About 20 years ago – maybe longer – the dam was repaired, in spite of skeptical minds, to be capable of withstanding a 100 year flood. This week we are there……as some one said in the news today, “This could be the one that brings us to our knees.”
I just heard this minute that the Evergreen dam is holding and safe, but uncharacteristically angry Bear Creek has taken out half of a parking lot located along its roaring and raging banks, directly across from the Little Bear Saloon. When the water leaves Evergreen it has to race down through Bear Creek Canyon – one of many canyons that pierce the mountains and enabled early settlers to travel west. These canyons are steep-walled and deep. If you would like to read about just one of them, Google the Big Thompson Flood which occurred back on July 31st, 1976, the first year we lived in Evergreen. As the mountain rain water accumulated in a surreal, film visual effects- type event and then picked up speed while careening down from higher elevations, it raced thunderously down the Big T canyon like a liquid freight train monster, widening out in some places and narrowing again at the tight canyon curves where, since it could not be wide, the water had to deepen up, scouring the steep rocky canyon walls of their higher mountain residences along with trees and rocks and mud. This all happened in a flash – thus the term flash flood. Resulting in total devastation.
Last night I experienced one of those reverse phone call warnings coming across on my CELL PHONE! A screeching alarm telling me to head for higher ground. Thank God I am in a community that is perched on a lovely green hill – but the intersection just a mile away from me became an instant lake and the exit ramps from the highway to the street in front of my home were taken out by fast-rising water. They are gone.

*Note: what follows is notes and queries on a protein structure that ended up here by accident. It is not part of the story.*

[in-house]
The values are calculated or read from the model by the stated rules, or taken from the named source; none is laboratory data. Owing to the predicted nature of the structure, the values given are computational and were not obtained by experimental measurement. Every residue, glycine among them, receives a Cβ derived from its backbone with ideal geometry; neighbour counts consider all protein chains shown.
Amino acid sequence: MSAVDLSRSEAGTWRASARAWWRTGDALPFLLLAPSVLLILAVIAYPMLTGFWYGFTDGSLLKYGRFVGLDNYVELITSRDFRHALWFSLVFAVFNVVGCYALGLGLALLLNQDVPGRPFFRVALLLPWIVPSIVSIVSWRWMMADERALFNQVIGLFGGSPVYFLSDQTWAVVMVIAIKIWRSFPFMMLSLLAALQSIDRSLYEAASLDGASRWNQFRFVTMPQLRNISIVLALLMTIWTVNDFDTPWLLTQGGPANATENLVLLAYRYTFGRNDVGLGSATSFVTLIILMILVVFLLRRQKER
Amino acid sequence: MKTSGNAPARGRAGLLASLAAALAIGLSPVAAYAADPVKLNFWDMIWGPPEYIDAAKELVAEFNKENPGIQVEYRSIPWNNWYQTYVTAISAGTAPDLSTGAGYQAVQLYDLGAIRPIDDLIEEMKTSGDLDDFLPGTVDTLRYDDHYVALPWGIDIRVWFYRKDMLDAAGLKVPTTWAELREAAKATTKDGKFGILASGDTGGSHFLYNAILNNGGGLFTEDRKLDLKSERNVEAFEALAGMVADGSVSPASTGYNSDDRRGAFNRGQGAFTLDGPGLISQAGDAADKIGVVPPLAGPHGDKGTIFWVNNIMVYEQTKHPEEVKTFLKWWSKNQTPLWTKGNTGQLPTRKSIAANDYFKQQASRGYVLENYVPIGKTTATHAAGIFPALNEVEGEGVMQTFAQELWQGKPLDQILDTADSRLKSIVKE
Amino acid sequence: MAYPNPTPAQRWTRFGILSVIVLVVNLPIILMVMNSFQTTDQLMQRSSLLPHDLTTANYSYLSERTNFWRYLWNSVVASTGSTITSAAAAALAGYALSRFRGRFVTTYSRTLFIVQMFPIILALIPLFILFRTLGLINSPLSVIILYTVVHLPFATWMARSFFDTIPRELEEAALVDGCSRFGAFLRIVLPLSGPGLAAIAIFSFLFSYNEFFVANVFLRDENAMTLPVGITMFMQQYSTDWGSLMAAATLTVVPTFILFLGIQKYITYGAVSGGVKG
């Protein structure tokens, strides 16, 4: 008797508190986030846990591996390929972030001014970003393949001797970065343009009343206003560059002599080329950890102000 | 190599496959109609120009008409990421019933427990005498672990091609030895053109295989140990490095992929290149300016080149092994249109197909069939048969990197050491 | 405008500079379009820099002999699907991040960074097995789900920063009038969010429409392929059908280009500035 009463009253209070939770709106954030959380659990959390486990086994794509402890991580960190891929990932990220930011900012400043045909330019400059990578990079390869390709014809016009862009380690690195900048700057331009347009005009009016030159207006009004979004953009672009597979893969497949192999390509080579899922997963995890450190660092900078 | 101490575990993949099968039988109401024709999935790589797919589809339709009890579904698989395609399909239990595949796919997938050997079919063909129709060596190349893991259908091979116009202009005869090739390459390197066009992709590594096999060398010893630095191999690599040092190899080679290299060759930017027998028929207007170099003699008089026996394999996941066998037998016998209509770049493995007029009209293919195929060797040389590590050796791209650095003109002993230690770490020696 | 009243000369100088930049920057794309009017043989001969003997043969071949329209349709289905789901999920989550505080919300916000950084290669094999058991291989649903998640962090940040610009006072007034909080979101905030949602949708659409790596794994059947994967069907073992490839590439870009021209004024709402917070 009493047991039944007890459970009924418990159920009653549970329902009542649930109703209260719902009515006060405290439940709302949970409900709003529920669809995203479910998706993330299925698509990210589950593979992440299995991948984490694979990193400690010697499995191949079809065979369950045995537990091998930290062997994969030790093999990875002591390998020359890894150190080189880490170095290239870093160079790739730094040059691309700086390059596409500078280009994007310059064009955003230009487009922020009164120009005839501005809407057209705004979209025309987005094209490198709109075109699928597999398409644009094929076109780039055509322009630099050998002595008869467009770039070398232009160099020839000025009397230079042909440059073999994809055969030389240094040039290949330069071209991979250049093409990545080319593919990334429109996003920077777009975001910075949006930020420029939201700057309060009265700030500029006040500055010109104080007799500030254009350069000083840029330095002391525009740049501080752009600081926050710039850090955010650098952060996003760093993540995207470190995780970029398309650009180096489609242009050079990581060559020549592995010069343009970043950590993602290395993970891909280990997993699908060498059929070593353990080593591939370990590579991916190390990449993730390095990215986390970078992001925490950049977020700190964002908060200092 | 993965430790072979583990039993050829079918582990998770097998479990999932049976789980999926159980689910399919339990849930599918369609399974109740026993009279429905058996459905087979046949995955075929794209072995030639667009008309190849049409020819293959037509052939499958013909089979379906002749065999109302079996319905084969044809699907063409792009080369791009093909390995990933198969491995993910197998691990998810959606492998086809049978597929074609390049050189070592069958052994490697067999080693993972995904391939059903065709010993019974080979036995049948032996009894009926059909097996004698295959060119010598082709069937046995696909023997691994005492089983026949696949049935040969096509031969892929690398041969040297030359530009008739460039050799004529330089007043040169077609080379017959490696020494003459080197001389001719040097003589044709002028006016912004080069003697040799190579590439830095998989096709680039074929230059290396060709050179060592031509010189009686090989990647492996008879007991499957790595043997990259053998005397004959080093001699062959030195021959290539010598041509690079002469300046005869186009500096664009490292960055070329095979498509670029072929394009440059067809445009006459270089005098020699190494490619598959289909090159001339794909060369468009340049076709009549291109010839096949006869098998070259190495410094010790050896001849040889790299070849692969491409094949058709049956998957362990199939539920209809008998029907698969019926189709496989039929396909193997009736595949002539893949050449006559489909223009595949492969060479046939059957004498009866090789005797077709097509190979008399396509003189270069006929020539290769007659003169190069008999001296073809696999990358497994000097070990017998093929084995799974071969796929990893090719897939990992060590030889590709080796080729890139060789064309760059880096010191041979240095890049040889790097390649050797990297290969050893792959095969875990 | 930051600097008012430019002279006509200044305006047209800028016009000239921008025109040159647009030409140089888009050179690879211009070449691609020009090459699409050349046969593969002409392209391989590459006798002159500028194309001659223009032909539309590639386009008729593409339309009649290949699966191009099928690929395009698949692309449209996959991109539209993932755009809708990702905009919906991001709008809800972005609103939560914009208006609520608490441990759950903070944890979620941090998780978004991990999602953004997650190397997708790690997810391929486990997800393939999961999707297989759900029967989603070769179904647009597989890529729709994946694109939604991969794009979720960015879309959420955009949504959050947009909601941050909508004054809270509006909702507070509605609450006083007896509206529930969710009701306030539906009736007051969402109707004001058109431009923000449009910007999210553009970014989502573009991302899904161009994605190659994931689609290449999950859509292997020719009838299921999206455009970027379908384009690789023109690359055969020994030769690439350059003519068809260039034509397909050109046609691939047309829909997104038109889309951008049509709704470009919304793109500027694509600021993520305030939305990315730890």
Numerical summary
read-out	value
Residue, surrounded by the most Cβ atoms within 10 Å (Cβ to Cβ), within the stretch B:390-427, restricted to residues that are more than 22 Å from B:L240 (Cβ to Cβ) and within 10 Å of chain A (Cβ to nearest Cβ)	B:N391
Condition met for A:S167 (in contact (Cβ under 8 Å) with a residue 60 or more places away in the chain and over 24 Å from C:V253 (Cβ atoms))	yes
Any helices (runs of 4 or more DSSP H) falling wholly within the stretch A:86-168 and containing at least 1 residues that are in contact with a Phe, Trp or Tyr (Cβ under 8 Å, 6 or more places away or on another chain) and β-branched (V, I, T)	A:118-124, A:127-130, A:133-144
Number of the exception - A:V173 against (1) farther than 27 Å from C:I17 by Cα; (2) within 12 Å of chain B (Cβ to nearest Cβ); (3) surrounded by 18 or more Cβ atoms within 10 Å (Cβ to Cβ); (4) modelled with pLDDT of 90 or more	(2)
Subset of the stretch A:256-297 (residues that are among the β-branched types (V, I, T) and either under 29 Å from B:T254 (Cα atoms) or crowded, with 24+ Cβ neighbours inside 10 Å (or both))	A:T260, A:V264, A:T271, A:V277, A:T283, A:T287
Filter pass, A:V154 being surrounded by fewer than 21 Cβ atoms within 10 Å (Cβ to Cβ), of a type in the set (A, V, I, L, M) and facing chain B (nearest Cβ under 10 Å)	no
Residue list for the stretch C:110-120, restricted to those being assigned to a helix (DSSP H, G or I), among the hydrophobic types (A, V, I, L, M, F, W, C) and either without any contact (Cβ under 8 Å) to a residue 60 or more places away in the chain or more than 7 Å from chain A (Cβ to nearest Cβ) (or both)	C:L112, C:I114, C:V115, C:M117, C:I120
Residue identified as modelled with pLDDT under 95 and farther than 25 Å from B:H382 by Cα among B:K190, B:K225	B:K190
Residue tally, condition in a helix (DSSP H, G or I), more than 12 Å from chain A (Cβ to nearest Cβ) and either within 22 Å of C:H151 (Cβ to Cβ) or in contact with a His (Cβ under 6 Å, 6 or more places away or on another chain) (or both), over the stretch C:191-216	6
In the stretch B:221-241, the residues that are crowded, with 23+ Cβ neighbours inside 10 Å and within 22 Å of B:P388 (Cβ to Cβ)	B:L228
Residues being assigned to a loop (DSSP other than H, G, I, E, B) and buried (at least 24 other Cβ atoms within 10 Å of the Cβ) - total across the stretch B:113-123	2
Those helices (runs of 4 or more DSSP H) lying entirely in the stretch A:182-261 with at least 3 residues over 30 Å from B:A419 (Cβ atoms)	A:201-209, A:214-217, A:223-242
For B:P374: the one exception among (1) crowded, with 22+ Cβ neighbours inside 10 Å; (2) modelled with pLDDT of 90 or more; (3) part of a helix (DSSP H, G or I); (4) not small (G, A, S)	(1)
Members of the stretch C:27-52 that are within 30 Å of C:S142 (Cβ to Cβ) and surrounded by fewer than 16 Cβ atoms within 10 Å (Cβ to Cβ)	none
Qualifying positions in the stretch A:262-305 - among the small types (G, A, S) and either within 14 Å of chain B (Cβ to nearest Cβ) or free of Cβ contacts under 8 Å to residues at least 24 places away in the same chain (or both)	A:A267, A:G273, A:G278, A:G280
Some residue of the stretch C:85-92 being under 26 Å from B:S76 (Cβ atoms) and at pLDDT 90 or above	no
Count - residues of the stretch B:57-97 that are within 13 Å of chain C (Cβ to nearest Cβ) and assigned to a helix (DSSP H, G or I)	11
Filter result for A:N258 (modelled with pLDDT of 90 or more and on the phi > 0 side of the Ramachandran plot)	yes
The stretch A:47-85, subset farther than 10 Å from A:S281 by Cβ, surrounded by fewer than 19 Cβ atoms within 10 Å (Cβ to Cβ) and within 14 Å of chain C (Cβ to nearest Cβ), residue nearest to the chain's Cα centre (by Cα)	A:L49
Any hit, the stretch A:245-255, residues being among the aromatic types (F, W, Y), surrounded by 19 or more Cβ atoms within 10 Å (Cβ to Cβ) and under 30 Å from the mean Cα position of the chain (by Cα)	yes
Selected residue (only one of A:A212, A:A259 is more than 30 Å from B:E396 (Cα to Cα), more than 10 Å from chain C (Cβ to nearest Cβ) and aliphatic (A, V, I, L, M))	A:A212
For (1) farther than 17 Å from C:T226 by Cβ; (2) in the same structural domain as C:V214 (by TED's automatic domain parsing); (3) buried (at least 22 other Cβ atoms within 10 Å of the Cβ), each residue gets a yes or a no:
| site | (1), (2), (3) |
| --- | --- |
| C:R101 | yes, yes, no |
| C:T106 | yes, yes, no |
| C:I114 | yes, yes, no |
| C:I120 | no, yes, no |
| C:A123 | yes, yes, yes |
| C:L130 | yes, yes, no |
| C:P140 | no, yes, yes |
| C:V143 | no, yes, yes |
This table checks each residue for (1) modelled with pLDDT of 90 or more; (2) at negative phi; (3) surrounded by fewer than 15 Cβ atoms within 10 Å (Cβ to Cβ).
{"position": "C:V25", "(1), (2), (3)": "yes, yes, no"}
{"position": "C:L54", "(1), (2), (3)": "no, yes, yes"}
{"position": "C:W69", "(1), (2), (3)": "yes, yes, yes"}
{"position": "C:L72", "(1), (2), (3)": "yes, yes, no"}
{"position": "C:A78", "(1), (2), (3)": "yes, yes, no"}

Who would have thought this could happen in a city renowned for being 5280′ above sea level? It would seem that no water could accumulate here! In truth, all of our water drains into the South Platte River which runs directly to the Mississippi River and then to sea, where all good water needs to go. But the mud – that is an entirely different story. Like chocolate pudding with debris, it lingers and clogs and traps cars. It sucks things under. We are told to expect a brief respite from the water starting now, until late tomorrow night when it will return, we are told, with several more inches. But one thing of which I am sure – this has not brought us to our knees. Local news pictures are of course all about humans saving humans and people being generous. Animals being rescued and hot meals being cooked. Like others you see all over the world facing adversity, we’ll be fine eventually. The difference is – this is HERE. First time I have ever seen this up close and personal. And now I have new appreciation for all those other people and what they endure. I thought I knew – I thought I could imagine – but I was not even close. Being wet and cold and homeless and thirsty for clean water, and hungry. Worried to the point of being sick about friends and relatives and kids and elderlies and animals. With no answers for days and days. OK I get it now like I never got it before. I am living it now. That’s actually how an epiphany happens.
For fine news coverage of this Biblical flood, go to www.9news.com or search for KUSA Denver